ppat-1000535-g001: sPMCA propagation with CHO-expressed PrP substrates and Prnp0/0 brain homogenate.(A) Reactions containing either wild type or mutant mouse (Mo) PrP substrate alone were originally seeded with RML scrapie brain homogenate and propagated for three rounds of sPMCA. (B) Reactions containing either wild type MoPrPC substrate alone (−Mutant, lanes 2–5) or in combination with either Q171R, V214I, V214K, or Q218K MoPrP mutant substrates at approximately equimolar concentrations (+Mutant, lanes 8–11), as indicated, were subjected to three rounds of serial propagation. (C) Reactions containing either wild type or mutant hamster (Ha) PrP substrate alone were originally seeded with Sc237 scrapie brain homogenate and propagated for three rounds of sPMCA reconstituted with Prnp0/0 brain homogenate. (D) Reactions containing either wild type HaPrP substrates alone (−Mutant, lanes 2–5) or in combination with either Q172R, T215K, or Q219K HaPrP mutant substrates at approximately equimolar concentrations (+Mutant, lanes 8–11), as indicated, were subjected to three rounds of serial propagation. An arrowhead demarks the ∼25 kDa PK-resistant T215K HaPrP species. All reactions were reconstituted with Prnp0/0 brain homogenate. In all blots, a sample containing wild type or mutant PrP substrate not subjected to proteinase K digestion is shown in the lanes preceding the corresponding PK-digested samples as a reference for comparison of electrophoretic mobility (−PK PrP, WT, or Mut). All other samples were subjected to limited proteolysis with proteinase K (25 µg/ml for 30 min. for mouse, 50 µg/ml for 1 hr. for hamster) at 37°C (+PK).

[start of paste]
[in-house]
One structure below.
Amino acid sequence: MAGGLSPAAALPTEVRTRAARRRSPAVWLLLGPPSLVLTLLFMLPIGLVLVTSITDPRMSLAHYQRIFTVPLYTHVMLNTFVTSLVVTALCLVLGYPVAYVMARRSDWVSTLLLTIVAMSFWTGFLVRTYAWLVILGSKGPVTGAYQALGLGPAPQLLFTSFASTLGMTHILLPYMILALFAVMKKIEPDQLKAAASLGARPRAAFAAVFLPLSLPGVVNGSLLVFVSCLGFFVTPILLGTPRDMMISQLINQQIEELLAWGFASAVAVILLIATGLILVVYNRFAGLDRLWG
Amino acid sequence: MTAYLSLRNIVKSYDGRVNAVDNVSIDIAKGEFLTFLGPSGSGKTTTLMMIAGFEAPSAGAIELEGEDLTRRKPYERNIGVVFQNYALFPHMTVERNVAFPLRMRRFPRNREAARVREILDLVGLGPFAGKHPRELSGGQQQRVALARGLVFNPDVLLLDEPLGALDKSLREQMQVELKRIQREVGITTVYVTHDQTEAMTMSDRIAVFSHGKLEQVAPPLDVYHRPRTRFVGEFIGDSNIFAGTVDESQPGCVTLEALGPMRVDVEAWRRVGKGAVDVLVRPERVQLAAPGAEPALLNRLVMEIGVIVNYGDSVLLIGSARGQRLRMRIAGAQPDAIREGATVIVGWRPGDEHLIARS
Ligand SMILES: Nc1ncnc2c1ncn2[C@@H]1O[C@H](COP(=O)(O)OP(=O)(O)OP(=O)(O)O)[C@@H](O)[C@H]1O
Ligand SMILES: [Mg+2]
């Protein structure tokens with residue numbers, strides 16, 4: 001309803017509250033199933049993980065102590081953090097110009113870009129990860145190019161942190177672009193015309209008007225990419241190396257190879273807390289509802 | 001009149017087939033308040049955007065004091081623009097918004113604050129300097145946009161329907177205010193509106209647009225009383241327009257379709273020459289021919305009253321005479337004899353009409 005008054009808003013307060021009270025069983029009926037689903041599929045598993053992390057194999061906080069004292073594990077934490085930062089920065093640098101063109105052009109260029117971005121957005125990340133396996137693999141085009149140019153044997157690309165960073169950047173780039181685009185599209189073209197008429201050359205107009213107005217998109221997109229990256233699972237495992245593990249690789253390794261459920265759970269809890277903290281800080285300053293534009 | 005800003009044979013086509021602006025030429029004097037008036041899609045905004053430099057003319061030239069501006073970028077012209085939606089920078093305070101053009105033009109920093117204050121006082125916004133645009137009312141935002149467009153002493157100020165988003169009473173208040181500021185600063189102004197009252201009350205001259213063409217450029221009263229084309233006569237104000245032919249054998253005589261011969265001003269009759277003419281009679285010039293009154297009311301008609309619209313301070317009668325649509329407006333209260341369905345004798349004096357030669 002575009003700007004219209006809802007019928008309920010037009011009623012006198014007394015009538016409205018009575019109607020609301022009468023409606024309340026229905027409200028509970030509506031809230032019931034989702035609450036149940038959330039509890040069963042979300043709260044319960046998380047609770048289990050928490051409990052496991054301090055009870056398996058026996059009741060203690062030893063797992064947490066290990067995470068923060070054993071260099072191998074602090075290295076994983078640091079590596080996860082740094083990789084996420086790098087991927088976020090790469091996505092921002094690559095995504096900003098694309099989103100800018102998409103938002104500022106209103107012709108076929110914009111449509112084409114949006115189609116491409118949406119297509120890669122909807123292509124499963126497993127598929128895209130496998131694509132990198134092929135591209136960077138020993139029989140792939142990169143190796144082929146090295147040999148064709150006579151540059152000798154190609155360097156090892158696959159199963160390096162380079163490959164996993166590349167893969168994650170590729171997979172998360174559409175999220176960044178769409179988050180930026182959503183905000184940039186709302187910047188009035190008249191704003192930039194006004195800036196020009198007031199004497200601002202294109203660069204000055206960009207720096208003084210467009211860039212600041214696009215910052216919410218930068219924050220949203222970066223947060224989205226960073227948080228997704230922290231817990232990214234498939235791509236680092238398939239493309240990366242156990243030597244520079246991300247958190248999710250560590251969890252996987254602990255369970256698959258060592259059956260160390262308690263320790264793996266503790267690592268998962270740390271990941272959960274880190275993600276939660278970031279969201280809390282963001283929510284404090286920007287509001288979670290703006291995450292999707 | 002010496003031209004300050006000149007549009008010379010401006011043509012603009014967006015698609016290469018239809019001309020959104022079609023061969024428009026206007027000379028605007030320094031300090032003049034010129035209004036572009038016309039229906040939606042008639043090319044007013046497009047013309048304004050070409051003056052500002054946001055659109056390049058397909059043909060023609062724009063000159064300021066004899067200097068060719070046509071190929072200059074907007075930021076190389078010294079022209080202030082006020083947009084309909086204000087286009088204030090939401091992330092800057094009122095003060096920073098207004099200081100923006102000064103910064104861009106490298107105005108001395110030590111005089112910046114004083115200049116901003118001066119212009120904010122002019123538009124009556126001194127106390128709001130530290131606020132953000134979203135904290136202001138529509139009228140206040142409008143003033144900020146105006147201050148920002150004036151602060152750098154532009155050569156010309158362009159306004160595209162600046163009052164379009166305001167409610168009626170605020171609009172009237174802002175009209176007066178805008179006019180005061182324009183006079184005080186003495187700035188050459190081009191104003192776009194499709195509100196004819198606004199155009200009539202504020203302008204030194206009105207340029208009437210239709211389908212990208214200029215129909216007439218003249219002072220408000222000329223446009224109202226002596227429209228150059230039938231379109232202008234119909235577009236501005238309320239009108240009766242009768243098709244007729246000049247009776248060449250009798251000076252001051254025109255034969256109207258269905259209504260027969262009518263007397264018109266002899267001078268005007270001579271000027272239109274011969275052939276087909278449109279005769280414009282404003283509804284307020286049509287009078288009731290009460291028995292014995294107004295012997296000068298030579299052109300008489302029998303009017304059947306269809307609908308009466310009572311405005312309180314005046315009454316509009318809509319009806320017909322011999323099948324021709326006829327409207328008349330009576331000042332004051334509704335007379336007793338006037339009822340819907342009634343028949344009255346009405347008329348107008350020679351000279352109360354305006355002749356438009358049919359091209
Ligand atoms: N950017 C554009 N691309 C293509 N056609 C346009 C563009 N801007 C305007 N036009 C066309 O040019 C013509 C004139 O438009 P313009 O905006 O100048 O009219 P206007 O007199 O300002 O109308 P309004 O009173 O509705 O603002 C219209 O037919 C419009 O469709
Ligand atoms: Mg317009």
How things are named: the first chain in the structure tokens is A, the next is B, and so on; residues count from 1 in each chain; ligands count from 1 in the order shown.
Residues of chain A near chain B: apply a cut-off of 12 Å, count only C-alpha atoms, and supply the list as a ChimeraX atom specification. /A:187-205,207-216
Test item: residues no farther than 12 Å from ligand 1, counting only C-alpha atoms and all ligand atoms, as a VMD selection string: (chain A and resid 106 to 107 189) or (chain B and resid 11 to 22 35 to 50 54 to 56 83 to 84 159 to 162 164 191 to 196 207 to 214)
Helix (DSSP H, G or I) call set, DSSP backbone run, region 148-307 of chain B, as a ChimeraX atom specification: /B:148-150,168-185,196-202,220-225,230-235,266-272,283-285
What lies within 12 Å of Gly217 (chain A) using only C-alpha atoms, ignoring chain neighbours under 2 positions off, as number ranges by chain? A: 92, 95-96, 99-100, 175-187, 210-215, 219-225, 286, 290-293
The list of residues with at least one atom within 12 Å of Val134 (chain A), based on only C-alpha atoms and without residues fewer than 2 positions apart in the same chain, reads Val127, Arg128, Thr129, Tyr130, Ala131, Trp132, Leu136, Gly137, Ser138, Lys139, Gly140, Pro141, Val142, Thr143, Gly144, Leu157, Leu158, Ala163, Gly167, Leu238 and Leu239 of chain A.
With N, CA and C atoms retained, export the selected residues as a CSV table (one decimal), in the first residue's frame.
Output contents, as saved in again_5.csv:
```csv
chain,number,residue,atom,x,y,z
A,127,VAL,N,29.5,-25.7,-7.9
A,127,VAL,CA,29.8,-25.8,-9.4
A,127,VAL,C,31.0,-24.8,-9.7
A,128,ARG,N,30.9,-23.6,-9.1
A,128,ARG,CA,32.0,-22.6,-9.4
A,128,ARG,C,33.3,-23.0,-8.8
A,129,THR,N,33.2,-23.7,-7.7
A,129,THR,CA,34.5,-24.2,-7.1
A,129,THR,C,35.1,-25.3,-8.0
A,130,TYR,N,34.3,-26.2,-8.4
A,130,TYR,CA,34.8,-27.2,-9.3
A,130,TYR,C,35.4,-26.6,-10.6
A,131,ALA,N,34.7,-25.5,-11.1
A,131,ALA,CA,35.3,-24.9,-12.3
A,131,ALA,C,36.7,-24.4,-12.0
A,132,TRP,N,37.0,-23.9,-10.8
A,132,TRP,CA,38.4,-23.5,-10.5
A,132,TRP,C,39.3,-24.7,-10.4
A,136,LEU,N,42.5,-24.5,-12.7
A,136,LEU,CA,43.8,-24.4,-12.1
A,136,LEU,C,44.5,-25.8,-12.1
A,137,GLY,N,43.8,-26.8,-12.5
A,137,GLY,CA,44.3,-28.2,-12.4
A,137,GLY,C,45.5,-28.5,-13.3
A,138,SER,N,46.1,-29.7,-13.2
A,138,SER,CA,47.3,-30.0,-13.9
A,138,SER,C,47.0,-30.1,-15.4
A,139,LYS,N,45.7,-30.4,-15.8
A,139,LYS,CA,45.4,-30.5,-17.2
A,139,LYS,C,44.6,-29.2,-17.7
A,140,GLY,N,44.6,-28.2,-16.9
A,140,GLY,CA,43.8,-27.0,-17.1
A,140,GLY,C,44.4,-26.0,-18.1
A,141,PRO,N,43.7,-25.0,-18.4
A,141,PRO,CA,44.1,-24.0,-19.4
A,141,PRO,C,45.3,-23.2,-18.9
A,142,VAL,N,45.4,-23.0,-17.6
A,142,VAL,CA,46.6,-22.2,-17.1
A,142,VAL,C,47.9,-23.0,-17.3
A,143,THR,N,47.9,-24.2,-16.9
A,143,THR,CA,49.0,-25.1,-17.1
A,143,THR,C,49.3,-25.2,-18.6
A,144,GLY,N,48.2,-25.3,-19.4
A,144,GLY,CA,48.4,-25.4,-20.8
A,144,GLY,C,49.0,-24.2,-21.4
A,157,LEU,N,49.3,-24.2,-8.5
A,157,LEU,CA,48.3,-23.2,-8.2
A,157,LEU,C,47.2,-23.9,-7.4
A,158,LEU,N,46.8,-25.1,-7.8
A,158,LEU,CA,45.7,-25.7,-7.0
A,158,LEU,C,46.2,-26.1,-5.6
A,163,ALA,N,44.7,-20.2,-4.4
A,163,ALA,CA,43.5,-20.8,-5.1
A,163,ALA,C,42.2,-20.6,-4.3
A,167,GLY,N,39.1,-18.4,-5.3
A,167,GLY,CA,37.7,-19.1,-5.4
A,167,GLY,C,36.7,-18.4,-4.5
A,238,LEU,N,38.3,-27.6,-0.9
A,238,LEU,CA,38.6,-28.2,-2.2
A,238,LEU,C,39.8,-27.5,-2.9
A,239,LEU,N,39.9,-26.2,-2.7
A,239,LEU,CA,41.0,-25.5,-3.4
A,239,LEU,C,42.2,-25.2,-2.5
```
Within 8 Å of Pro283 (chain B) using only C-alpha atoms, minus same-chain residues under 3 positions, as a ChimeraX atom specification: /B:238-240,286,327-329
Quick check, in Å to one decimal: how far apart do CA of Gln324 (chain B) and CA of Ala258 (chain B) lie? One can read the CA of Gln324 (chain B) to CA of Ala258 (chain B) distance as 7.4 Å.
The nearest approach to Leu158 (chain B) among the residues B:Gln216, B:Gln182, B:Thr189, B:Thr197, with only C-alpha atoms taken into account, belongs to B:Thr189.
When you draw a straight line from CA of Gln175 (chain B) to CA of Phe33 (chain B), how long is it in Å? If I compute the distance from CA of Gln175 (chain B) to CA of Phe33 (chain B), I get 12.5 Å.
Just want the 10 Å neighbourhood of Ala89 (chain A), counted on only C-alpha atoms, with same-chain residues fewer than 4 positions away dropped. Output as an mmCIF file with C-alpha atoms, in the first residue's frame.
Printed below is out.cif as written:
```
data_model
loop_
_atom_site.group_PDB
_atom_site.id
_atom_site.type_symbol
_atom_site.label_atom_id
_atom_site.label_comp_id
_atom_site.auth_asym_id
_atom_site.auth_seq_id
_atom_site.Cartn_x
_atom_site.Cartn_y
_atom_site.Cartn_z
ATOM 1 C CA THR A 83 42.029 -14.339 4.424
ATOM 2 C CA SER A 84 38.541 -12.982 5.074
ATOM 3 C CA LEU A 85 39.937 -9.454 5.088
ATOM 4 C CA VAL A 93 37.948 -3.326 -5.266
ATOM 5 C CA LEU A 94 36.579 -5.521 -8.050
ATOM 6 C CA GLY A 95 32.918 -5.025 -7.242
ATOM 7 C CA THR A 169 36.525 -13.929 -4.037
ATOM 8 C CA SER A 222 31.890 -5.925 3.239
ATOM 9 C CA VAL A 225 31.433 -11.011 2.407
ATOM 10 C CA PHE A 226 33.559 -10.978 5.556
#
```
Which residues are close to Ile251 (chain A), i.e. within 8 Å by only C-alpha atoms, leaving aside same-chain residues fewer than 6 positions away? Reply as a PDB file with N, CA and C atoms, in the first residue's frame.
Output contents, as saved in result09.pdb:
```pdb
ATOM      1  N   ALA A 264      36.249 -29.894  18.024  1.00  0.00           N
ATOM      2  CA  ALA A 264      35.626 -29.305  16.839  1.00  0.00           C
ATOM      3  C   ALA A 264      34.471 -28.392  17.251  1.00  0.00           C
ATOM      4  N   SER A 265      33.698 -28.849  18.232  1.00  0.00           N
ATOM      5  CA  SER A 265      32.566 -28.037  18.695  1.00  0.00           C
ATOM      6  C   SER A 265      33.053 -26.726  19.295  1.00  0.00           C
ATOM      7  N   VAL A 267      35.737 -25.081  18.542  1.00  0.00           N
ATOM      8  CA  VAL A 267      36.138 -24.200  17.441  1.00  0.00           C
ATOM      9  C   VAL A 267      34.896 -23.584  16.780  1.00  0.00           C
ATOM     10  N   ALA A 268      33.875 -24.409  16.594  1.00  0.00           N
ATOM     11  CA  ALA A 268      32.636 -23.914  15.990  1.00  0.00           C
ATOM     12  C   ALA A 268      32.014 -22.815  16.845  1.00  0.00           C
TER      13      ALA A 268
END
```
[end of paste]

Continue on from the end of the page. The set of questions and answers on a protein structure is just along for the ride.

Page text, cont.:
Mentions: To study the properties of dominant negative mutant PrP molecules in vitro we began by expressing wild type mouse and hamster PrPC in CHO cells, which do not express detectable levels of endogenous HaPrPC protein [41]. Comparison of CHO-expressed PrPC molecules to brain-derived PrPC by SDS-PAGE revealed that the PrPC expressed in CHO cells migrated between 26 and 43 kDa, a broader electrophoretic mobility pattern than brain-derived PrPC, which migrated between 26 kDa and ∼37 kDa (Figure S1, lane 1 vs. 2–5 and lane 6 vs. 7–10). Deglycosylation of CHO-expressed MoPrPC with peptide-N-glycosidase F (PNGase F) revealed that the increase in apparent molecular weight was due to more extensive glycosylation, as the core polypeptide of CHO-expressed and brain-derived MoPrPC migrated equivalently on an SDS-PAGE gel (data not shown). We partially purified the mouse and hamster PrPC from CHO cells by cobalt-affinity column chromatography for use as sPMCA substrates. We first conducted three-rounds of serial propagation reactions using CHO-expressed mouse PrPC originally seeded with crude RML murine scrapie brain homogenate and reconstituted with PrP0/0 brain homogenate, which contains cofactors that facilitate the conversion of brain-derived HaPrPC in sPMCA reactions [42] (Figure 1A). The results show that MoPrPC was efficiently converted and propagated in this reaction, indicating that MoPrPC expressed in CHO cells is a competent substrate for in vitro conversion into a protease-resistant and autocatalytic form of PrP (Figure 1A, top blot).